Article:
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Hitting a high note

Hitting a high note

Snøhetta, The Opera House

Just like many other port towns, Oslo has redesigned its waterfront. The Opera House, which is the largest cultural building to be completed in Norway since Nidaros Cathedral in Trondheim (c.1300), is said to be an important symbol of what Norway represents as a nation and will express the role that opera and ballet have in society.

The construction of the new Opera House is the single largest cultural-political initiative in modern Norway. Its base area is the equivalent of four international standard football fields and the building has 1,100 rooms grouped in numerous sections.

Designed by architectural firm, Snøhetta, the Opera House design is poetic, but also concrete; it takes away room from the city, but also gives it back. It is the mediator between two quarters and it connects land and sea. The architectural team chose for monumentality, but not for one that towers as a sculpture. On the contrary, the monumentality is a social one: a public proscenium on a human level.

The venue is a landscape and a building. In that sense, it conceals its actual musical function and has a double use. The roof, rising to 32m, is designed as a public space with exciting refractions, stairs, corners and elements like the 54m high flytower, in an austere but pleasing play of horizontal, vertical and diagonal lines.

It is a miraculous carpet on which one can walk, sit, picnic, dance, skate, or descend into the water or ski. The foyer is open all day, with four bars, restaurants, shops, and toilets.

The rich-in-form ensemble of surfaces has considerable dimensions: 207m x 110m. Including the forecourt, it is 242m long. Resting on piles up to 55m, the colossus of concrete and steel reaches down to 16m below sea level.

In the underground, vault spaces like underground stages, dressing rooms, storage, rehearsal rooms and technical gear are located. The project accommodates 1,100 bigger and smaller rooms for more than 600 people.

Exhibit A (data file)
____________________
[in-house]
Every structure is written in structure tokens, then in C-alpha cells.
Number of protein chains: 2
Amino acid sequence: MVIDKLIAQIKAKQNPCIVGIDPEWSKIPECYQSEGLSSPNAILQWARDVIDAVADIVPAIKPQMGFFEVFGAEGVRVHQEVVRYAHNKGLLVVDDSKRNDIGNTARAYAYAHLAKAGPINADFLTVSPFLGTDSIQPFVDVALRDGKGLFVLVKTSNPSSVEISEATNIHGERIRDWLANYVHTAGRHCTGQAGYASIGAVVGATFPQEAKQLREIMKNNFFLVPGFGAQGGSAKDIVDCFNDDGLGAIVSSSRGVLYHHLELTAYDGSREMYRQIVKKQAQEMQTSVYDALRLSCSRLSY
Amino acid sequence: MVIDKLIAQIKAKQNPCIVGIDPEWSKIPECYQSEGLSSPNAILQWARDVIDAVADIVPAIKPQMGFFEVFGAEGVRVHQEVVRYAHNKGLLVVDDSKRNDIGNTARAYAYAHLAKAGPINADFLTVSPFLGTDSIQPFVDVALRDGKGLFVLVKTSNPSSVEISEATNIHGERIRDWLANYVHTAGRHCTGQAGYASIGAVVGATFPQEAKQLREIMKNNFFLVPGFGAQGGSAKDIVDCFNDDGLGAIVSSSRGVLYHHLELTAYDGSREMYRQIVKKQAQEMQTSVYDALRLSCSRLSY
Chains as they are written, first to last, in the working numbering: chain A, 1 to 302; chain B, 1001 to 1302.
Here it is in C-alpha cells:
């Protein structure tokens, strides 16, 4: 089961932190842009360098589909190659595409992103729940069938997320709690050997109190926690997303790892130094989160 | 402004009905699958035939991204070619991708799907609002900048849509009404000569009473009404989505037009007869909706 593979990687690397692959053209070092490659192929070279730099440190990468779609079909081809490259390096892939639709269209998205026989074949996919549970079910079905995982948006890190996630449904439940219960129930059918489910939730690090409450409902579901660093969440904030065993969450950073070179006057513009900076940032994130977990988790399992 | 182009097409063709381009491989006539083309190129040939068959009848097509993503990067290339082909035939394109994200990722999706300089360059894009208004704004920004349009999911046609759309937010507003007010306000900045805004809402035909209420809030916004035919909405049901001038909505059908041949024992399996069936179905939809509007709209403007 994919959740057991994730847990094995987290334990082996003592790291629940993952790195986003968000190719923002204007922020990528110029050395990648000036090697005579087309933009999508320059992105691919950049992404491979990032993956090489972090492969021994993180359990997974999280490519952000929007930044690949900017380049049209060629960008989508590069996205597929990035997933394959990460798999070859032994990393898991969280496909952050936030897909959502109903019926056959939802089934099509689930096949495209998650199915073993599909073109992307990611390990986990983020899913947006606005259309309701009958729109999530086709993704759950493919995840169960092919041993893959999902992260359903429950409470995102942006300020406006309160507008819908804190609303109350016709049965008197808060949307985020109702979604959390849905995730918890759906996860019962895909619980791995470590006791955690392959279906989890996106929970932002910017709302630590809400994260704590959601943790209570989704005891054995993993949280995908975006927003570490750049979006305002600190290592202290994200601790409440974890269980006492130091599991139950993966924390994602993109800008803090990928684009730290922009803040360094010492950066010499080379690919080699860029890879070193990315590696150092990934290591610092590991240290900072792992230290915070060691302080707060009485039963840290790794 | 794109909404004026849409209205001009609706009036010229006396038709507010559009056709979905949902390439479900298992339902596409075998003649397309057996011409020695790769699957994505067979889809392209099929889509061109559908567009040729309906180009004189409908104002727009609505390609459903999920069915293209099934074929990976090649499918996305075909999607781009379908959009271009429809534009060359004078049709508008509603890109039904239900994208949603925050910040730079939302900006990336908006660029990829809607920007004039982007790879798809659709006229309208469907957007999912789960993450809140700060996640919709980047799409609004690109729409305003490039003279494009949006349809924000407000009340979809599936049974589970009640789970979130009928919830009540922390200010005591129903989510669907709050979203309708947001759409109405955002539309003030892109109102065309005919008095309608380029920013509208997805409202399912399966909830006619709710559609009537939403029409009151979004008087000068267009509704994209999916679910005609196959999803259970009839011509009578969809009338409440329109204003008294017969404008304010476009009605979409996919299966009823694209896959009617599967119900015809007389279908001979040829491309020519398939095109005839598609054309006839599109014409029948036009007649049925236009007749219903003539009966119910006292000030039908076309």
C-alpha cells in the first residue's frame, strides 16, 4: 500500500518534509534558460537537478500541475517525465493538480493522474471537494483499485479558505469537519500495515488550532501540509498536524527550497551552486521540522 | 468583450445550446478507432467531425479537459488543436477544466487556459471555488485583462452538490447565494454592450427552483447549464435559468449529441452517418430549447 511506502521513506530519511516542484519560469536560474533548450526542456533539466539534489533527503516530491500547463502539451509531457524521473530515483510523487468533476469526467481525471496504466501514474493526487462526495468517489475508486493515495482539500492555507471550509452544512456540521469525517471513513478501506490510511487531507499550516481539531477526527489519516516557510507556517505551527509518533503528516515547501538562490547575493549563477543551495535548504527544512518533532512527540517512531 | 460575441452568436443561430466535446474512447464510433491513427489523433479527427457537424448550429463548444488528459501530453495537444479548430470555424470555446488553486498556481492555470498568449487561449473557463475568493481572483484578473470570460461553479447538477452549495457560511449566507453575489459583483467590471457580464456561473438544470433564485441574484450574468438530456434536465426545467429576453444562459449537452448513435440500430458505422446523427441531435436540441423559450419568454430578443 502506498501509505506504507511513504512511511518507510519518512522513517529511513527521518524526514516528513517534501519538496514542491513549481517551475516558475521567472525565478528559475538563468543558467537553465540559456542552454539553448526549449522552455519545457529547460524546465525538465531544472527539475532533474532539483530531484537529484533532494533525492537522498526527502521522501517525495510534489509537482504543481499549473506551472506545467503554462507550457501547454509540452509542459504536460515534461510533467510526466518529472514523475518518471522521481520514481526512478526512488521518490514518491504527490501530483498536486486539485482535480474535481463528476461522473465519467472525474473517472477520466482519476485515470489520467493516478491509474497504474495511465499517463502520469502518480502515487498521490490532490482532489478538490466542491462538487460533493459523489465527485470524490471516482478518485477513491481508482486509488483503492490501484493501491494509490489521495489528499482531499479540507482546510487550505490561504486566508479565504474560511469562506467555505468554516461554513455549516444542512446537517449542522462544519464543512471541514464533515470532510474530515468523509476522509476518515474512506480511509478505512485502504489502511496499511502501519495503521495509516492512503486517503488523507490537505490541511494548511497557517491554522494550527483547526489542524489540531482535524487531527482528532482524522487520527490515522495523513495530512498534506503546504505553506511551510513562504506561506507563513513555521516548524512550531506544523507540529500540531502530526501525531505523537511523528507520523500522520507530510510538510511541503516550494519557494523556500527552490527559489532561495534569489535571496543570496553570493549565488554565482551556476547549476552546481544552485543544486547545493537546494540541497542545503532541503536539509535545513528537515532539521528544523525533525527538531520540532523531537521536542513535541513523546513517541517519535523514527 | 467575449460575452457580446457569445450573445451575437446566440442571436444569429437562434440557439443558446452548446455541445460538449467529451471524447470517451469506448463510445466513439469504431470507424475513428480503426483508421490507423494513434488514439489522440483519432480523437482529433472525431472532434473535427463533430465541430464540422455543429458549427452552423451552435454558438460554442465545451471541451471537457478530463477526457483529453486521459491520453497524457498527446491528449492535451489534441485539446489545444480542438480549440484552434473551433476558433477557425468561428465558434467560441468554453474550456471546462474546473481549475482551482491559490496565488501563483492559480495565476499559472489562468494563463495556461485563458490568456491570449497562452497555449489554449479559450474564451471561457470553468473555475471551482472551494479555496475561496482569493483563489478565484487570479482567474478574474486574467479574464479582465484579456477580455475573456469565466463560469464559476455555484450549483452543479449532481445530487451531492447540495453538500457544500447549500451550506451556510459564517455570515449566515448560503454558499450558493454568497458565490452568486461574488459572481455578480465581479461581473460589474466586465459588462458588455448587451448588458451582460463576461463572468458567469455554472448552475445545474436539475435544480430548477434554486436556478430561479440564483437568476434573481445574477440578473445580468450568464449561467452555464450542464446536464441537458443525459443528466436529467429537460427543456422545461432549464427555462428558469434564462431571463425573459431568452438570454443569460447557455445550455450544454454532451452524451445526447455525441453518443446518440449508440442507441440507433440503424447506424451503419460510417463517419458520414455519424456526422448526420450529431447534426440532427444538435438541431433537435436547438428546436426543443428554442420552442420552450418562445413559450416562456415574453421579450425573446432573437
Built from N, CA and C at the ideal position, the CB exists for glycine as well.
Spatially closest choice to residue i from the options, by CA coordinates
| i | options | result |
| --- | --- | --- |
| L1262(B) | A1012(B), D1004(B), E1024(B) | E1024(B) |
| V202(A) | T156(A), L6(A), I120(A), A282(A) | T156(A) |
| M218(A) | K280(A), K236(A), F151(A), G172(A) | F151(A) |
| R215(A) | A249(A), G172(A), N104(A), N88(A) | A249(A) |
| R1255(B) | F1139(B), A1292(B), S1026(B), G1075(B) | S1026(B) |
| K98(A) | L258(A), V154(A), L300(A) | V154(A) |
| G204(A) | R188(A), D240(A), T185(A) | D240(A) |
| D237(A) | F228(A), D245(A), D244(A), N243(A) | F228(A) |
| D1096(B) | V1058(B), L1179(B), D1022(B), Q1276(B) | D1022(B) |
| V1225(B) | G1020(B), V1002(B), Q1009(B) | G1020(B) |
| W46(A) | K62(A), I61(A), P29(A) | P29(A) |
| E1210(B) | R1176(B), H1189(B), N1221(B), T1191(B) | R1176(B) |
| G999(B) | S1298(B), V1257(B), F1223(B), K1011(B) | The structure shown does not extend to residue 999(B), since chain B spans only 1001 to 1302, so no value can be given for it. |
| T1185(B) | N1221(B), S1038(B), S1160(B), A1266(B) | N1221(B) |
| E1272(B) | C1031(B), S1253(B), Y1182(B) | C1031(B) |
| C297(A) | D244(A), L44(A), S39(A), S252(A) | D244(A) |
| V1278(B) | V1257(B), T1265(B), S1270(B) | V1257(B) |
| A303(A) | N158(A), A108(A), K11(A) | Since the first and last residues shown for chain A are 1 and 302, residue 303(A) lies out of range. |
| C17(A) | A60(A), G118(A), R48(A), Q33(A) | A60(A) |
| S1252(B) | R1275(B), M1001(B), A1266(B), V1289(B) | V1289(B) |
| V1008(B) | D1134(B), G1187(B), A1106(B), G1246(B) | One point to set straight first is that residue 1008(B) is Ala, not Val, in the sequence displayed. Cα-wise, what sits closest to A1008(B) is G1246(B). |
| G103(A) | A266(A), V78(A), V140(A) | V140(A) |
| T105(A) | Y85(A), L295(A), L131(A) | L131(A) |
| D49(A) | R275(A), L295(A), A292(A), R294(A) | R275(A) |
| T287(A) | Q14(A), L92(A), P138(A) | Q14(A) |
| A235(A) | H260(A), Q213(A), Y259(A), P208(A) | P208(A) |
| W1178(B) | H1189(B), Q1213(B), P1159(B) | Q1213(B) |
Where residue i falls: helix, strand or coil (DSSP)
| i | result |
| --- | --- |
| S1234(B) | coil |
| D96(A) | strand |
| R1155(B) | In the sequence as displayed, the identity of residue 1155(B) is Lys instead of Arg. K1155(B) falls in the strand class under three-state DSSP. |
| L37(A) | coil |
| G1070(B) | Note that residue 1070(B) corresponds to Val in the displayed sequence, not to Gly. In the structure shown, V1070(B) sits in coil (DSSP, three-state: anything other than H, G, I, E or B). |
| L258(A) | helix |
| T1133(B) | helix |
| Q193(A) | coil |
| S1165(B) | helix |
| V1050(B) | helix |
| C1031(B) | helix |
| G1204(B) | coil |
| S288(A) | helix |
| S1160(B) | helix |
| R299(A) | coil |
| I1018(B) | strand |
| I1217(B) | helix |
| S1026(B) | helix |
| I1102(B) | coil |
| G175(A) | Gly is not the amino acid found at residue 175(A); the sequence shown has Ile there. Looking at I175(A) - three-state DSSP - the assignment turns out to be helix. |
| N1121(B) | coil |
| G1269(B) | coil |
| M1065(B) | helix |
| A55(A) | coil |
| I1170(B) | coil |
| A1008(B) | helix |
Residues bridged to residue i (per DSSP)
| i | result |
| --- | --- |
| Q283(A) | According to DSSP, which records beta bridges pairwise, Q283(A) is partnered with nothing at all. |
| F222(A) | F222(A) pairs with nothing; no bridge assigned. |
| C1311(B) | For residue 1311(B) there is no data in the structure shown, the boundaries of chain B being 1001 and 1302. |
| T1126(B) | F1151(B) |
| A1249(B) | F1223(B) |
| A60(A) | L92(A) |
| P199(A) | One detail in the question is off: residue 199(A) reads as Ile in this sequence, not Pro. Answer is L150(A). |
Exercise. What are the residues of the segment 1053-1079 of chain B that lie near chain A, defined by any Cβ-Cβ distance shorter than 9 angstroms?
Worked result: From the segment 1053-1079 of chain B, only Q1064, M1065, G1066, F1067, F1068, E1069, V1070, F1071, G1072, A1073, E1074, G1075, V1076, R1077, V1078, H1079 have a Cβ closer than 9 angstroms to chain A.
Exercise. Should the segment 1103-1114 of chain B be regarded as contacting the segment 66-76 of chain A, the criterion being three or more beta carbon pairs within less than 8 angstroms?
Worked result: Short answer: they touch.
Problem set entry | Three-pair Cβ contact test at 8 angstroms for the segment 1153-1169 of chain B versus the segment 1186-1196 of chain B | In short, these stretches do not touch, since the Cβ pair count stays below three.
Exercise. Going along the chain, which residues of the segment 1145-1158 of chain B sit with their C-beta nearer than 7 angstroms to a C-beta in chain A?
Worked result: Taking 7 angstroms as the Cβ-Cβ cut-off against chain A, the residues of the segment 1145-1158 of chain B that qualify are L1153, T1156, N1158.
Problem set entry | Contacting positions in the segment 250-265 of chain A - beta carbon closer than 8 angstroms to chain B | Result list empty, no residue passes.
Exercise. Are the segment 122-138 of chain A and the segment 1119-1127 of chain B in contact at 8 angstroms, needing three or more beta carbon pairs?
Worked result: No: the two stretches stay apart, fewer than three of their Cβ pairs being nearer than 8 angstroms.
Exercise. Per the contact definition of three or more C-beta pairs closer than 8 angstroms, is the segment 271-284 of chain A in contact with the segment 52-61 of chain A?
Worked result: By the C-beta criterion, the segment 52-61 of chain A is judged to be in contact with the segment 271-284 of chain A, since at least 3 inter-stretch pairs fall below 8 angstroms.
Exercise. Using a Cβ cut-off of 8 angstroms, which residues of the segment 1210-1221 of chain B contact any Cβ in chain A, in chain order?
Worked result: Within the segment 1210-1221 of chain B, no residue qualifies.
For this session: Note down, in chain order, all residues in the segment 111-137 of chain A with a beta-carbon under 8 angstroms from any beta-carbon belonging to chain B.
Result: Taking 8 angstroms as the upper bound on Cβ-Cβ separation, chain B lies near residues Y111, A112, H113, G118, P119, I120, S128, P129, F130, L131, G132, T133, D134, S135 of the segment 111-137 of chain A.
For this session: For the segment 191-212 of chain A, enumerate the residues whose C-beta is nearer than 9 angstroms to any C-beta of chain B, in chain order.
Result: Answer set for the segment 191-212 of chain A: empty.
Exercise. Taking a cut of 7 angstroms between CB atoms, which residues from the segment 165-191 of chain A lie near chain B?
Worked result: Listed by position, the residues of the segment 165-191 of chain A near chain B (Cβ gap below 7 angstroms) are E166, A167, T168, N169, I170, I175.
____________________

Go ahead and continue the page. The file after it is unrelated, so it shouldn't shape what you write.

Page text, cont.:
The building itself is typified by a hard exterior (natural stone and glass) and a soft interior (oak). The roof, large parts of the outer walls, forecourt and foyer are clad or covered with 38,000 radiant white plates of Carrara marble.

The outer wall on the north side and a zone on the sea front are furnished with the Norwegian granite species Ice Green. The public areas on the front or west side have huge glass walls for the unobstructed view over the Oslofjord; in one of them a colossal solar panel is integrated.

At the back, the business facilities are accommodated over four storeys and a cellar, such as workshops, rehearsal rooms, offices, dressing rooms and storage. They all are flexible and adaptable; the functionality of them is indicated by the horizontal aluminium cladding with a pattern that comes to life by the light.

Walking into the foyer is a comforting breakthrough. Defining the scene is a high curving wall of oiled oak: rough Baltic oak forms the outside of the curves and smooth American white oak forms the inner side of the curves and the ceiling. Even from a distance, through the glass walls the wood shimmers.